Ron Paul Warns America: ‘Biggest Bond Bubble in History’ Set to Burst

Ron Paul, the former Republican Congressman from Texas, has warned that the global economy is inching towards the era of negative interest rates, and that the United States will not be an exception.

The entire global financial system is threatened because of the trend to move towards total negative rates in the hope that it will save the world economy.

Paul, a well-known libertarian and a former presidential candidate, told CNBC’s “Futures Now” that the United States will join the global march towards negative interest rates believing that it will revive growth.

He pointed out that historically the global economy has never had so many currencies with negative interest rates.

Bonds worth more than $17 trillion are currently in negative rates, which is unprecedented. According to Paul, this is nothing but a bubble. “So, we are in the biggest bond bubble in history, and it’s going to burst,” he ominously announced on CNBC.

Paul, who is known for stock market bubble forecasts and other economic warnings, believes that the Fed’s policies are ineffective in this kind of an environment. While the Fed is expected to cut rates by a quarter of a point at its forthcoming meeting, this may not be the answer to the looming economic peril.

It is impossible to predict where the credit creation goes, says Paul. Quantitative easing (QE) leads to inflation, and each time you create new credit by lowering interest rates below the market levels, the bubble gets bigger.

Paul has been warning for years that a stock market shock of more than a 50 percent drop in prices is waiting to happen. Now that the negative interest yielding bonds are in the spotlight, the risks have heightened.


However, even now, it is difficult to determine the timing of a meltdown because lower taxes in America have helped push the U.S. economy to higher growth rates.

But Paul is convinced that it will happen. His argument is hard to challenge: “How do you sell a bond that pays a negative rate?”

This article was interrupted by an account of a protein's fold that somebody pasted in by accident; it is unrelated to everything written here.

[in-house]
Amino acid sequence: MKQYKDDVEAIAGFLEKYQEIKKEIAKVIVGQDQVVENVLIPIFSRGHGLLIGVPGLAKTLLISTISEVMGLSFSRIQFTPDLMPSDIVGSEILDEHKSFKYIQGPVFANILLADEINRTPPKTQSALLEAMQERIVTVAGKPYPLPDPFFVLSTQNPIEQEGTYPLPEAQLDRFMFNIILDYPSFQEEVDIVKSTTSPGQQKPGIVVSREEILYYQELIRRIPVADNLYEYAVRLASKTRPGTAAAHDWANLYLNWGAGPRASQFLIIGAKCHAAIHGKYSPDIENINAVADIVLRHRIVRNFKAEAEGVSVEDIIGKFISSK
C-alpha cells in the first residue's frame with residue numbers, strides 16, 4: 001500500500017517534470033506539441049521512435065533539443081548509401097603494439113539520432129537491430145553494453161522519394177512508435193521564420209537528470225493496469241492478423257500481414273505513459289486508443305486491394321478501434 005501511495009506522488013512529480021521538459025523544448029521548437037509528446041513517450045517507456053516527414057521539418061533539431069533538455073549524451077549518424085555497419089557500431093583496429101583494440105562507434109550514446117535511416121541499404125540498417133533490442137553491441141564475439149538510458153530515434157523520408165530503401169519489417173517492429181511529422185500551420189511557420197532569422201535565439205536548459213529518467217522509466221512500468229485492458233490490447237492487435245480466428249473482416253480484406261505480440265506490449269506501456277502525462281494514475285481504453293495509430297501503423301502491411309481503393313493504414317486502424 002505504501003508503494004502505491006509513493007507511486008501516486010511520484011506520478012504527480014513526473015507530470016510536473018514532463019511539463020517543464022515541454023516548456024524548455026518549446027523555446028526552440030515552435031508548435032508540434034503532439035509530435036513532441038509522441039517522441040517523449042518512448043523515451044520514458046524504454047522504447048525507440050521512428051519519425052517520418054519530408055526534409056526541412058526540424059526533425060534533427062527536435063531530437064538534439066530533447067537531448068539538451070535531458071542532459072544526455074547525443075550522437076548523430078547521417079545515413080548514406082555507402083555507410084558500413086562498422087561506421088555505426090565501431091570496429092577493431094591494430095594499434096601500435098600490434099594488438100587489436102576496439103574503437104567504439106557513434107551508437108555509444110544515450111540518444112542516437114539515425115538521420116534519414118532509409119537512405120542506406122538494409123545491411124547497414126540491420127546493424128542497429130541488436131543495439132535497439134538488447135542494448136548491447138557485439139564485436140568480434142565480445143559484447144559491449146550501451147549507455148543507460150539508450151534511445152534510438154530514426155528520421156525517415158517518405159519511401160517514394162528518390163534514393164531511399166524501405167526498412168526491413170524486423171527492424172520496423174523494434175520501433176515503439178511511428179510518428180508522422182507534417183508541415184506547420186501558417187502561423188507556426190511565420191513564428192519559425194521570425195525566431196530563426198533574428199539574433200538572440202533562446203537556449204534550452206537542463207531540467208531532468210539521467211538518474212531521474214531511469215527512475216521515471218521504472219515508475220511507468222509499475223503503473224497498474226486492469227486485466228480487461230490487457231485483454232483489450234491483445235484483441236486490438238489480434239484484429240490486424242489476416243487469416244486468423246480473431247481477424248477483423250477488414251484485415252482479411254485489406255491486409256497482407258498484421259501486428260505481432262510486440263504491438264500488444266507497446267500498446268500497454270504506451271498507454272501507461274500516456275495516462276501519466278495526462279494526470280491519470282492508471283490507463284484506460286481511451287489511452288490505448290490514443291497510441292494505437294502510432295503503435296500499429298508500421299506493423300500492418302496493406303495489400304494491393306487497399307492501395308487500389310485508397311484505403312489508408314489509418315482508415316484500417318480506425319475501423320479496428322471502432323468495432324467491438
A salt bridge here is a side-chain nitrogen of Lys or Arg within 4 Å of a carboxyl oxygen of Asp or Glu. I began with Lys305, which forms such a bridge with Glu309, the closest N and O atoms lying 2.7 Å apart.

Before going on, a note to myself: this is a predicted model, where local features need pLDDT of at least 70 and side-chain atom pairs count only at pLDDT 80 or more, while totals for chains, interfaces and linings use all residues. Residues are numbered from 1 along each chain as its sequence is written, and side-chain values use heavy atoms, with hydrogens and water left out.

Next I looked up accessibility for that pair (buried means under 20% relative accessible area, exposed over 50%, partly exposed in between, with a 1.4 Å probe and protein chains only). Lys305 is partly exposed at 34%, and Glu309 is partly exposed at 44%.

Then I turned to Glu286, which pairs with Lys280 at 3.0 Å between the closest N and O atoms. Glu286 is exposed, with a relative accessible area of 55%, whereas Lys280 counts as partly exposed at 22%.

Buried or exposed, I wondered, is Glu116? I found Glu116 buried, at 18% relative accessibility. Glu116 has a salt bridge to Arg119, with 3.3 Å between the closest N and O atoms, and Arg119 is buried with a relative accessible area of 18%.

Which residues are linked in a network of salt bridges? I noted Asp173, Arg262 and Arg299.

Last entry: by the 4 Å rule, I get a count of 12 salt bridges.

Just a few days ago, former Fed Chairman Alan Greenspan had echoed exactly the same sentiment as Paul about negative interest rates.

Greenspan said that he will not be surprised if U.S. bond yields turn negative very soon. In fact, that sentiment seems to be widely held across the central banking circles.

In the global economic terms, a year is a long time. Just last October, Paul had expressed his worries about the other extreme — when yields on the 10-year Treasury note zoomed to multi-year highs at 3.26%, causing jitters about inflation.

‘Biggest bubble’

Paul spoke on the same “Futures Now” CNBC program last October that when the currency is inflated, interest rates are distorted and consumer over-spending becomes the norm a forced economic adjustment will occur.

He used that scenario to declare at that time, “We have the biggest bubble in the history of mankind.”

But on Friday, the benchmark 10-year Treasury note yield closed at 1.9%.

So why is Paul again warning about an economic catastrophe when the rates are no longer above 3%?

Paul argues that when central banks lower the interest rates to the extremes, the financial market pricing mechanism gets thwarted.

“I don’t think anything even existed coming close to what we’re facing today,” Paul said.